11 Things You Shouldn't Have To Ask Your Partner If They're "The One"

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One of the things that keeps a relationship healthy is the ability of both partners to ask for what they want. While you may be close, you can't expect to read each other's minds, or guess with 100 percent accuracy what might be wrong. So if you have a request, if something is bothering you, or if you'd like to make a change, it's completely OK to have a discussion about it.

It's only when you find yourself asking your partner for the basics — such as loyalty and respect — that you may have a problem. Same goes for having to repeat yourself a million times if you've asked them to do something differently, and they don't bother to change. This may be a sign they aren't making the relationship a priority.

"If you find that your relationship is coming up short in any of [these] imperative areas, talk to your partner about your concerns," licensed psychotherapist Shirin Peykar, LMFT, tells Bustle. "Share how you feel and how it is affecting your relationship." Let them know what's on your mind, and come up with small changes you can both make to get back on track.

It might be an issue you're able to overcome. But if you find that you're always having to ask your partner for the things listed below, experts say you may want to rethink your relationship — and even consider moving on to something healthier.



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Once you decide that you're in a committed relationship, you really shouldn't have to keep asking your partner to act in a way that shows they're loyal.

"Loyalty should be organically present in a healthy relationship," Amica Graber, a relationship expert for the background checking site TruthFinder, tells Bustle. "If your partner downplays your relationship in public (like introducing you as a 'friend'), flirts with others, or has cheated on you in the past, loyalty may be an issue for them."

It's something you can work as on a couple, by agreeing on a few healthy boundaries. But if it's still an issue, take note. "Unfortunately, it’s hard to fix a relationship with someone who is fundamentally disloyal," Graber says. "It’s always worth discussing your concerns with your partner before calling it quits, but if they don’t change their ways, it’s healthier to let a disloyal person go."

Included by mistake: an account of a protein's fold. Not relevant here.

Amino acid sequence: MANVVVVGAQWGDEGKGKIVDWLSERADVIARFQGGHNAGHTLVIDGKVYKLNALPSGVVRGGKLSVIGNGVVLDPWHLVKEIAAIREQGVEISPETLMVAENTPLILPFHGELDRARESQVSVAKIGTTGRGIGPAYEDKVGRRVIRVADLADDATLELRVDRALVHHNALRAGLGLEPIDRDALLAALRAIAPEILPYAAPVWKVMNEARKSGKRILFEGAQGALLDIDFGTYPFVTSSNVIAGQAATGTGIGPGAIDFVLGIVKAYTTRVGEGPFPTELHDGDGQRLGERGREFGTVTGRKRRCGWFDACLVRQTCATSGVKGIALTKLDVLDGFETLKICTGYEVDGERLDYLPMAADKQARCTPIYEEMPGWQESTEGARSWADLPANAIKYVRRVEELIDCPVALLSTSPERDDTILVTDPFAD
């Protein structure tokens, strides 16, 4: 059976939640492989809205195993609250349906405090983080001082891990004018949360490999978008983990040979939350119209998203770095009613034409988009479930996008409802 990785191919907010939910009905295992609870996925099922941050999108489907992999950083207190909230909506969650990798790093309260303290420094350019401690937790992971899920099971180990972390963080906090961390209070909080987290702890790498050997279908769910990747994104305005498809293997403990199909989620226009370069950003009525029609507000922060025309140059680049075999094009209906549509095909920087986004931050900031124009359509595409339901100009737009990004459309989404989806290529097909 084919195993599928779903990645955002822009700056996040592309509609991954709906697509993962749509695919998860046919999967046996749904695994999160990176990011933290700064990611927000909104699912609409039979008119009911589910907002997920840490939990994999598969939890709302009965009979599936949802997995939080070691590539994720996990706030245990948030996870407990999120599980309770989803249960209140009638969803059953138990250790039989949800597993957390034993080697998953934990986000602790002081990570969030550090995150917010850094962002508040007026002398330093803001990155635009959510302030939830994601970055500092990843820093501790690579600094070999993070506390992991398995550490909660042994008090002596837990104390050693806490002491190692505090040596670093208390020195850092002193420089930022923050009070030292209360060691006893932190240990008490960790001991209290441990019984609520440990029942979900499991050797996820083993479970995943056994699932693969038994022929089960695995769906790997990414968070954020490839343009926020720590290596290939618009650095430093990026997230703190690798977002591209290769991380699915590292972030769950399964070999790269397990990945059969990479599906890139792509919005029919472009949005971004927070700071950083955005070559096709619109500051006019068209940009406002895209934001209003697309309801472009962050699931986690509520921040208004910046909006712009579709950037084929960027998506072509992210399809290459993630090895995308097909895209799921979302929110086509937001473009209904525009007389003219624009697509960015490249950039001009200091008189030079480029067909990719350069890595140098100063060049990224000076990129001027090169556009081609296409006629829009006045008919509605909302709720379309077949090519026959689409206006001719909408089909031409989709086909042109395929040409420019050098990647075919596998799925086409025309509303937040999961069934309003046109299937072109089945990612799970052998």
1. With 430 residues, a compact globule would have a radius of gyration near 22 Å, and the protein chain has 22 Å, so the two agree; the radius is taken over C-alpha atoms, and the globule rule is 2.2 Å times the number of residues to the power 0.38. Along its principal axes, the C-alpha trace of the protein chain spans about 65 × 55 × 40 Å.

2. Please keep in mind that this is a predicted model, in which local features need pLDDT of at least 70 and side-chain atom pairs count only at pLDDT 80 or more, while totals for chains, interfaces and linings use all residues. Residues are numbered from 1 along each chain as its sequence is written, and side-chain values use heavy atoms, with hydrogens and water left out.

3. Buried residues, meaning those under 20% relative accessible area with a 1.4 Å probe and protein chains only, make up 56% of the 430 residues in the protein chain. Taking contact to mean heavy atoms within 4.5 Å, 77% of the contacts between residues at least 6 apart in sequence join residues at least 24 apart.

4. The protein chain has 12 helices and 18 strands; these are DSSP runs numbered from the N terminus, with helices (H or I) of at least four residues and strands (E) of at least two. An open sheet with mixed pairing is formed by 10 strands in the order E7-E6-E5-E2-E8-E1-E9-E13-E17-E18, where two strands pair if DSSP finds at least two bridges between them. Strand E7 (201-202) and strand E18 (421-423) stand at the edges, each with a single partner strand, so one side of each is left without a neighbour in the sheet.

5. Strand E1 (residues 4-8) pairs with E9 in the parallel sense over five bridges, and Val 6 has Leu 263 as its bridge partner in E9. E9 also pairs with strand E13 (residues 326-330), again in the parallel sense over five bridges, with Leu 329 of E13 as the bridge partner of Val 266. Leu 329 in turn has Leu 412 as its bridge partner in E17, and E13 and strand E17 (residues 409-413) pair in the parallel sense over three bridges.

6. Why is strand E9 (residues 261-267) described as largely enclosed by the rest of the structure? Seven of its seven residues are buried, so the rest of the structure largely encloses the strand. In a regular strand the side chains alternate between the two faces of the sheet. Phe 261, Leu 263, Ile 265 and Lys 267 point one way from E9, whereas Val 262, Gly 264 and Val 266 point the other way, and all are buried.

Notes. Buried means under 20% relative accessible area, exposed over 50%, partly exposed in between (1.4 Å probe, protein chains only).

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For a relationship to remain happy and healthy, you both need to have compassion for each other — especially during tough times.

"Compassion is the heart of relationships, and if someone doesn’t have any towards you, it’s questionable if they’re even your friend, let alone your partner," Graber says. "If someone is unconcerned when you’re sick, unavailable when you’re in crisis, and simply uninterested when you have a horrible day — it’s a big red flag."



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Respect is another important cornerstone of a healthy relationship, and thus not something you should ever have to beg for.

"Respect is non-negotiable," Graber says. "If anyone demeans, humiliates, or insults you — there isn’t room for second chances in that situation. Cruelty and disrespect should be the immediate end of a relationship."

If a partner withholds respect, it can be a sign of emotional abuse, and it may be time to ask for help in exiting the relationship.



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Whether you want to travel, go back to school, or switch jobs, you should definitely let your partner know — especially for things that will impact your life as a couple. Taking each other into consideration is part of being in a healthy relationship.

But keep in mind that's not the same thing as asking for permission. "If you feel like you have to ask permission from your partner to spend time with your loved ones, attend an event, or if you feel obliged to 'check in' with them via texts or phone calls whenever you’re out of eyesight, you may be in a controlling relationship," Graber says.

You can point this out to your partner, who may not even be aware they're giving off bad vibes. "But if your partner seems hostile or defensive," Graber says, "it may be best to go your separate ways."


The Benefit Of The Doubt

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"A common pitfall that comes up in relationships is not 'assuming good intent' or giving your partner the benefit of the doubt," Sam Laliberte, co-author of The #LDR Activity Book, tells Bustle. "If they forget to respond to a text, are late for a date, etc. [...] you want to adopt a mindset of assuming they had your best interests in mind and it's not malicious actions."